LOS ANGELES — The 4’11” French Jewish woman was walking through a field of snow when the ground underneath her began to crack. She was a spy for the Allies, sent to infiltrate the German front, but her military guide had neglected to mention the frozen body of water along the way. When the ice broke and Marthe Cohn fell into the canal, she wondered if this was finally the end.
“I told myself, if you don’t get out from here as fast you can, you’re going to die of hypothermia,” recalled Cohn, now 97.
But perishing wasn’t an option. Dying would mean giving up on her top-secret mission and squandering the courage those closest to her had shown in the face of terror.
Her siblings worked to save fellow Jews from the horrors of the Nazi regime. Her fiancé, Jacques, was also involved with the resistance. He was later executed by the German army for his actions.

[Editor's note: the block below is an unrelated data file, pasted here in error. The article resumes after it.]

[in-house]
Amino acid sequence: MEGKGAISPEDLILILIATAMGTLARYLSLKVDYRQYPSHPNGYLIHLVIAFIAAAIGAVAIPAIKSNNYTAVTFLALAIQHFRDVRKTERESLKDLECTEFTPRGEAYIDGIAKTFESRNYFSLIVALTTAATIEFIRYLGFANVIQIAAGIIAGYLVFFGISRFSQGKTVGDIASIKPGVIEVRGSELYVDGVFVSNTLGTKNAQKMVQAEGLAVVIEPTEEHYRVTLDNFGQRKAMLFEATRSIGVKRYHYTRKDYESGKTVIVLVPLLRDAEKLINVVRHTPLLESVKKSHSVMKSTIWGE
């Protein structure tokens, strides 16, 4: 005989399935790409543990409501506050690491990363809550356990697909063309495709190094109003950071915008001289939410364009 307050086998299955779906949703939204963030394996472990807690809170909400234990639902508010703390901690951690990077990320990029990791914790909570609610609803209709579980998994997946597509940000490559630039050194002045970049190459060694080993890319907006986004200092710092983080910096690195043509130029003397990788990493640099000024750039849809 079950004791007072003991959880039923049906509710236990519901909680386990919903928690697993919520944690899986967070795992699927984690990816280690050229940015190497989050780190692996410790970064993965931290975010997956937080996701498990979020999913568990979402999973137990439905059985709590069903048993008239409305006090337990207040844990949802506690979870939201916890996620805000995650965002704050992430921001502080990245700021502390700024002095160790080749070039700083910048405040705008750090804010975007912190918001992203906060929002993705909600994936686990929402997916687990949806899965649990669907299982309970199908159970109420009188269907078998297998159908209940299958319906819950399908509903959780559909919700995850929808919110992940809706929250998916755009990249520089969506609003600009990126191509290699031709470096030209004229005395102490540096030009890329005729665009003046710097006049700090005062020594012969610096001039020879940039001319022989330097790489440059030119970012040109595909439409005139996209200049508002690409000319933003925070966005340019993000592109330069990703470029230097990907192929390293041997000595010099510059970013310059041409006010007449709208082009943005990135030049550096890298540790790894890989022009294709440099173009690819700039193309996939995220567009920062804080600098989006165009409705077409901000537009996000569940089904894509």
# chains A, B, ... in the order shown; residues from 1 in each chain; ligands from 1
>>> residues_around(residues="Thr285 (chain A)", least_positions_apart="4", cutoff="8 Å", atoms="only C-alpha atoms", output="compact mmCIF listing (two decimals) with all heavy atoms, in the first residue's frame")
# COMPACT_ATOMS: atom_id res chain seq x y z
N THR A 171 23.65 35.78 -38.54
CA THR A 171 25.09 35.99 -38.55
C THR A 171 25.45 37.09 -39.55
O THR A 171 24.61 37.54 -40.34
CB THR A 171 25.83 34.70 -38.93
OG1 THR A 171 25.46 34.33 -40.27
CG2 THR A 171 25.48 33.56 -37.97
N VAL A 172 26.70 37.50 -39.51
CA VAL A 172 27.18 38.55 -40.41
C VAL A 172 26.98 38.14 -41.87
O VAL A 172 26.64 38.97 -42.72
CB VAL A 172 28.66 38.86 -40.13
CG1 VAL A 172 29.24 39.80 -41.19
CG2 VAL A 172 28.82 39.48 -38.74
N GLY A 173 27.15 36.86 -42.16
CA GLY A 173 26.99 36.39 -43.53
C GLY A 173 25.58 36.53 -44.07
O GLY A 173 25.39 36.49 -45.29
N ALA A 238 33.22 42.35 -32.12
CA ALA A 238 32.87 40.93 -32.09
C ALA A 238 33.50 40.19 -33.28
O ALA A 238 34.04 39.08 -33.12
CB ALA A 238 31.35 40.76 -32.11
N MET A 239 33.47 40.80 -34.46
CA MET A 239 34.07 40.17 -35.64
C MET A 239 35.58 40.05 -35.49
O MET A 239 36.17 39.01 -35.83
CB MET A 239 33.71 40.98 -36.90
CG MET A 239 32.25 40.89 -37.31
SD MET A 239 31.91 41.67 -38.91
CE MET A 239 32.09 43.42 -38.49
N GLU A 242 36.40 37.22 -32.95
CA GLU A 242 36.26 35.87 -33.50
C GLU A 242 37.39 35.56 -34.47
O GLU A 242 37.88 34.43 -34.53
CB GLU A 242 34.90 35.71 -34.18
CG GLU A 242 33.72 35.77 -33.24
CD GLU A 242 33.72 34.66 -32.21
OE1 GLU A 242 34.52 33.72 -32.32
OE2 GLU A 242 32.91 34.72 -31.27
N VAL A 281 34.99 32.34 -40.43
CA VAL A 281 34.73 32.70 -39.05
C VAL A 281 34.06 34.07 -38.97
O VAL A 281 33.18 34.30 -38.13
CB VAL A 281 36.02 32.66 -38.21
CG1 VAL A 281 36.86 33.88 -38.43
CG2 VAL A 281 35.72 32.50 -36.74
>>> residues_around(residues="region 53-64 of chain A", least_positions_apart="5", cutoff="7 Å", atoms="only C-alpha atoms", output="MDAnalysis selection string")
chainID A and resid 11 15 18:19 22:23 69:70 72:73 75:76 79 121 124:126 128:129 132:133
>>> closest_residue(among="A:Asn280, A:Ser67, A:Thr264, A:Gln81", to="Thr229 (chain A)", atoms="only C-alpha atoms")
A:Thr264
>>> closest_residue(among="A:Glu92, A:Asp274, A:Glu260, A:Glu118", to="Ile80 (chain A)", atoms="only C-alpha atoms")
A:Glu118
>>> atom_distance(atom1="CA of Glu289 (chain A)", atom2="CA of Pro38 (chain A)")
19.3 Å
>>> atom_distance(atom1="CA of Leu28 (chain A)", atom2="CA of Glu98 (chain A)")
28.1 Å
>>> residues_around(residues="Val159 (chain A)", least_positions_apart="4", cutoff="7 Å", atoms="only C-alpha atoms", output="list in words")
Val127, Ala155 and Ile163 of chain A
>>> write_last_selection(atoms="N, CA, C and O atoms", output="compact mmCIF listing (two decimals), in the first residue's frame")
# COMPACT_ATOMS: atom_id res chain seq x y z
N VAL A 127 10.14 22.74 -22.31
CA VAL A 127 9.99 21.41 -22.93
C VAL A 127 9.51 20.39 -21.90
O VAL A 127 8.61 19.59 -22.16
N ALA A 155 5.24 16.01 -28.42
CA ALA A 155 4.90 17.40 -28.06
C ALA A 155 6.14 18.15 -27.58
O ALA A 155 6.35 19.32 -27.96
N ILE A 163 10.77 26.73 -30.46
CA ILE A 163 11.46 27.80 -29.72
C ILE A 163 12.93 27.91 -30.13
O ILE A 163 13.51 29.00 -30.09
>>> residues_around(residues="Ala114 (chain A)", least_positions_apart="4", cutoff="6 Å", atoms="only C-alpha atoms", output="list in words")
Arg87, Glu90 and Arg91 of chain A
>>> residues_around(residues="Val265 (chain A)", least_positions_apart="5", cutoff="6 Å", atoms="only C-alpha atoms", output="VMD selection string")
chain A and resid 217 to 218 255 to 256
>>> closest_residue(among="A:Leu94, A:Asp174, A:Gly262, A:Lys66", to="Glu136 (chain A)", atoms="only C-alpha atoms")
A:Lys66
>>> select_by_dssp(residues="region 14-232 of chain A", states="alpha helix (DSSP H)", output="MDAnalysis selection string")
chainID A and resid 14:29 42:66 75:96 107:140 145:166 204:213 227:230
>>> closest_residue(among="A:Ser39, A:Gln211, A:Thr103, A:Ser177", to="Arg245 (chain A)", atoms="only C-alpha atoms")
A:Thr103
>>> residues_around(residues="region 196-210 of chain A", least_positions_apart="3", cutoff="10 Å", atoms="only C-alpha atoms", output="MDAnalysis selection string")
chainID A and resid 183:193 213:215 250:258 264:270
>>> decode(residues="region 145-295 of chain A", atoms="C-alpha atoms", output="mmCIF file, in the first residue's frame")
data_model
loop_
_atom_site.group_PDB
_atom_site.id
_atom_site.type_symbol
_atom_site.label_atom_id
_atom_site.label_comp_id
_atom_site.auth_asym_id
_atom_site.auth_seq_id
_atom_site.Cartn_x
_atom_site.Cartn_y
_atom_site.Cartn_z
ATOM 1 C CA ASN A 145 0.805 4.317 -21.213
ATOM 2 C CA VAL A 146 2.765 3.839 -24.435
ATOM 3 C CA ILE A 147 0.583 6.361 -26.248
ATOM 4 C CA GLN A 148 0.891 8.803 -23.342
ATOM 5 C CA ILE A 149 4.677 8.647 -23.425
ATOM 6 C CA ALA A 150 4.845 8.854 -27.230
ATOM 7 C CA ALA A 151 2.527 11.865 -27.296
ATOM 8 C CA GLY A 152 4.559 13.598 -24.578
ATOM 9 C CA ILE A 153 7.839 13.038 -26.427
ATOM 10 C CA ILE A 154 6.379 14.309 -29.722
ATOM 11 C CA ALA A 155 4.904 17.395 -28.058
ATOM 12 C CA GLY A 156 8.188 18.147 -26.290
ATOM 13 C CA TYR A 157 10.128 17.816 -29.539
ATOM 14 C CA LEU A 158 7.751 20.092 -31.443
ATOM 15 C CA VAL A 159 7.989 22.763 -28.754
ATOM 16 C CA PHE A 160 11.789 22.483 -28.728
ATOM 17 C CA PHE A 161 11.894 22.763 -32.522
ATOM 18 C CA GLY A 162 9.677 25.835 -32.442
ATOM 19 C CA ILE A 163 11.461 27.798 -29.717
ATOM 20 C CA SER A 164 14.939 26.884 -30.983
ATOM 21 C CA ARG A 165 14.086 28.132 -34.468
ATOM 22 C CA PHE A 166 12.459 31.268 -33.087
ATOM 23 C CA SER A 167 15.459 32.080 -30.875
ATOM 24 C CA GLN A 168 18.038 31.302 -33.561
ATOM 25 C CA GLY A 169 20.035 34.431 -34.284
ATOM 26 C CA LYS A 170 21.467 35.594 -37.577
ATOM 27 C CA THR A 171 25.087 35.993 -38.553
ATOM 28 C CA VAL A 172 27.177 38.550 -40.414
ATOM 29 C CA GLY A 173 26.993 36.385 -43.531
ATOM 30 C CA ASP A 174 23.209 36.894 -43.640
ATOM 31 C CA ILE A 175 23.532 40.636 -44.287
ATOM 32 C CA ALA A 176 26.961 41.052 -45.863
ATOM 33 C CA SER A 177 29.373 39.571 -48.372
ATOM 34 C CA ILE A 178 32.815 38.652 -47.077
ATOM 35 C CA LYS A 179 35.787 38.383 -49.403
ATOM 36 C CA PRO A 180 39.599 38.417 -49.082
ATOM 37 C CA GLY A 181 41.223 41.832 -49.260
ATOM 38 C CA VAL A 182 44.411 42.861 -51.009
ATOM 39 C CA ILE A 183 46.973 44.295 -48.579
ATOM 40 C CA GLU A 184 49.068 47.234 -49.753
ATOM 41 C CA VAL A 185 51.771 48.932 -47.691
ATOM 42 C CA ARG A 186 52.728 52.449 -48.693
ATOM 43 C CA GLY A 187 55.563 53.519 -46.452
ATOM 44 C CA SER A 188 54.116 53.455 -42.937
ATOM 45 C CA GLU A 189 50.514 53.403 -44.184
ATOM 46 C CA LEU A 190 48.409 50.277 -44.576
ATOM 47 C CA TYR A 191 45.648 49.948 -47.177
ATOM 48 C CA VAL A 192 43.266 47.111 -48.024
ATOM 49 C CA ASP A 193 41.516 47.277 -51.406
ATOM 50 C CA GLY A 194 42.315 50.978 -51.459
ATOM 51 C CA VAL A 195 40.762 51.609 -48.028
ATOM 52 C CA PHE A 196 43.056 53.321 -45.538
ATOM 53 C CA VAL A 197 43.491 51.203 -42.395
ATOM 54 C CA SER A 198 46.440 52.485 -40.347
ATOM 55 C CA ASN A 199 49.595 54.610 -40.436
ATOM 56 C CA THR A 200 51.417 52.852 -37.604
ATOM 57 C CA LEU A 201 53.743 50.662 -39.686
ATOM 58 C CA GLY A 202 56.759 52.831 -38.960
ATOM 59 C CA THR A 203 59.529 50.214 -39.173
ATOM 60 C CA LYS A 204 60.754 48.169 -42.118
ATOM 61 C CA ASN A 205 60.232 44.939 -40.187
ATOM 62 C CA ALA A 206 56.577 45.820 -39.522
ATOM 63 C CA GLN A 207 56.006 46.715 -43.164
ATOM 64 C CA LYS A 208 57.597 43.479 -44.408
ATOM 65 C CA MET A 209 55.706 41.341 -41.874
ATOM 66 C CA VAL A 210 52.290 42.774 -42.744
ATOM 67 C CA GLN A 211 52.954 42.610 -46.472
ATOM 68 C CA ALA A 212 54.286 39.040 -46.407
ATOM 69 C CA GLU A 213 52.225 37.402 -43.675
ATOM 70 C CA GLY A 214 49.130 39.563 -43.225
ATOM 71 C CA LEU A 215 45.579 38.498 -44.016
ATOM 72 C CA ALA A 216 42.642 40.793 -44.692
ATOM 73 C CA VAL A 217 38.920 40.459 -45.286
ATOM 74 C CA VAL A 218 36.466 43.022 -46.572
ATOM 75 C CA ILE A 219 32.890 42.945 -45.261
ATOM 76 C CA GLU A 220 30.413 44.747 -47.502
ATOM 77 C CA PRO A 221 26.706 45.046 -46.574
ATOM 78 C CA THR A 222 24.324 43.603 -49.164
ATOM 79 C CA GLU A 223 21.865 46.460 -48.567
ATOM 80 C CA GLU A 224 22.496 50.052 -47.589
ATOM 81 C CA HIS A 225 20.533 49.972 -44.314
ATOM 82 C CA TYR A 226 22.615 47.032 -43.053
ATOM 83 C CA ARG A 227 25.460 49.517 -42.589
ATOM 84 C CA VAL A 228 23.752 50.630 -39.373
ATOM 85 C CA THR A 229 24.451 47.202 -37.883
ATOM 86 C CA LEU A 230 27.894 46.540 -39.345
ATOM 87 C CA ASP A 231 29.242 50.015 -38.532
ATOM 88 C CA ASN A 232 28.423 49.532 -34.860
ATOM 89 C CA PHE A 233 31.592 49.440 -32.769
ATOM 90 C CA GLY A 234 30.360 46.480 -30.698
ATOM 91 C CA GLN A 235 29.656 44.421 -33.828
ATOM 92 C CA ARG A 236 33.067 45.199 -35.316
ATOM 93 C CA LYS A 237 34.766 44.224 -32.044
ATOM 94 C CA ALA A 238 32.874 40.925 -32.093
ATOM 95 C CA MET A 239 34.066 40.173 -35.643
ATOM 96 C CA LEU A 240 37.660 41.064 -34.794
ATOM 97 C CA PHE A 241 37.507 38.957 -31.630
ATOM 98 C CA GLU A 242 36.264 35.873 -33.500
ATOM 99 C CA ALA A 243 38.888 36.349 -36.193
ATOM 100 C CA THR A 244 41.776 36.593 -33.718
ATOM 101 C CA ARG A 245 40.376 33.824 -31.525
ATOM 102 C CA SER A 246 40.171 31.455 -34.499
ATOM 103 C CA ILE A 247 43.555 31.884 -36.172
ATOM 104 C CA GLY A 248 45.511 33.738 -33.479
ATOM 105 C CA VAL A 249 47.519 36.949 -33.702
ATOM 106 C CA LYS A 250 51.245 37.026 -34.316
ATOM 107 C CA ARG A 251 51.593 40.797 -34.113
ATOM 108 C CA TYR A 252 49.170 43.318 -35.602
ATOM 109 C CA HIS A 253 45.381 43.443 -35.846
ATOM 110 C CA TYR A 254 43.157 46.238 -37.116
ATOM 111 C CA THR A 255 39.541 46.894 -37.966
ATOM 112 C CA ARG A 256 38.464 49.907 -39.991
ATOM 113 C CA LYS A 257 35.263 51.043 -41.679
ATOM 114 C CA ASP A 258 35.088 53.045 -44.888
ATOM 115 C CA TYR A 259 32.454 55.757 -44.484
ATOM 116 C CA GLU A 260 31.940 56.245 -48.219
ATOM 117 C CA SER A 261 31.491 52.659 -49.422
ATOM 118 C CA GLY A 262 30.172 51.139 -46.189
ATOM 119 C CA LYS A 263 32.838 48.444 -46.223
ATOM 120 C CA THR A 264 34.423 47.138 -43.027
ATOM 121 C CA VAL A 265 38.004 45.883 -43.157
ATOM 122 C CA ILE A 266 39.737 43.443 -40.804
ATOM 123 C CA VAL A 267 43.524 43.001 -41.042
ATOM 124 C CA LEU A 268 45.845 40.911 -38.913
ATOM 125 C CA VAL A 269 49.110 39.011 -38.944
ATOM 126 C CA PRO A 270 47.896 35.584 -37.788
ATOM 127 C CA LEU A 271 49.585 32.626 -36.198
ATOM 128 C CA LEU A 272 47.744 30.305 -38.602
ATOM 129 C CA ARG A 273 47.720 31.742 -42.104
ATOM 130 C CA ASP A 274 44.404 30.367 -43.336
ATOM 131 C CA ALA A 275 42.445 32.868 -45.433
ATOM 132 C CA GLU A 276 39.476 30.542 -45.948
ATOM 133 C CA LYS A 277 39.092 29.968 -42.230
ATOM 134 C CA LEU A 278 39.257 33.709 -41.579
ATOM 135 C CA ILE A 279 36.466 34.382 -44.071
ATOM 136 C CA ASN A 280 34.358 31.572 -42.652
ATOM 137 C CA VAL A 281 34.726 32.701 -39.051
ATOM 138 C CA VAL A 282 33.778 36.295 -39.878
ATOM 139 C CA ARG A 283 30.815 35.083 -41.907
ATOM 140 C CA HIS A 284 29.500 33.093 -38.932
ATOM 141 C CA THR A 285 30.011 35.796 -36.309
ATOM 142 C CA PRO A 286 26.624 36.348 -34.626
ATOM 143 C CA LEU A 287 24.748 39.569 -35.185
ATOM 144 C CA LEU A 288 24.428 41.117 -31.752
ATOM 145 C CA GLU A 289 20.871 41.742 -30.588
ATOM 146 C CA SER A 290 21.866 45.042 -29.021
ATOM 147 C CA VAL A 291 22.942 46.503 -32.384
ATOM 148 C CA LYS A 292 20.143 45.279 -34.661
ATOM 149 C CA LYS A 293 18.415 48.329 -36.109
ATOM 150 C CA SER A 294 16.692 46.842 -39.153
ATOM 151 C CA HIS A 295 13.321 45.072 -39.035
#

Cohn herself had been threatened and insulted for her religion. But she was a spy now — a spy with an important task, and she had no intention of returning to her superiors empty handed.
“I was very lucky,” Cohn told The Times of Israel recently about that night. After pulling herself out of the canal, she wandered around in circles for hours. In the morning, she met up with a Moroccan army regiment. She would have to try again another day.
In the chaos and confusion of war, countless stories of bravery and heroism can slip through the cracks. For five decades, one of those tales belonged to Cohn, a young Jewish woman who snuck into Germany to spy on the Nazis at the tail end of the war. Her rise from loving sister and friend to nurse, to intelligence officer, is one of remarkable perseverance, and will soon be explored in an upcoming documentary, “An Unusual Spy,” from German director Nicola Hens.
by Alex Suskind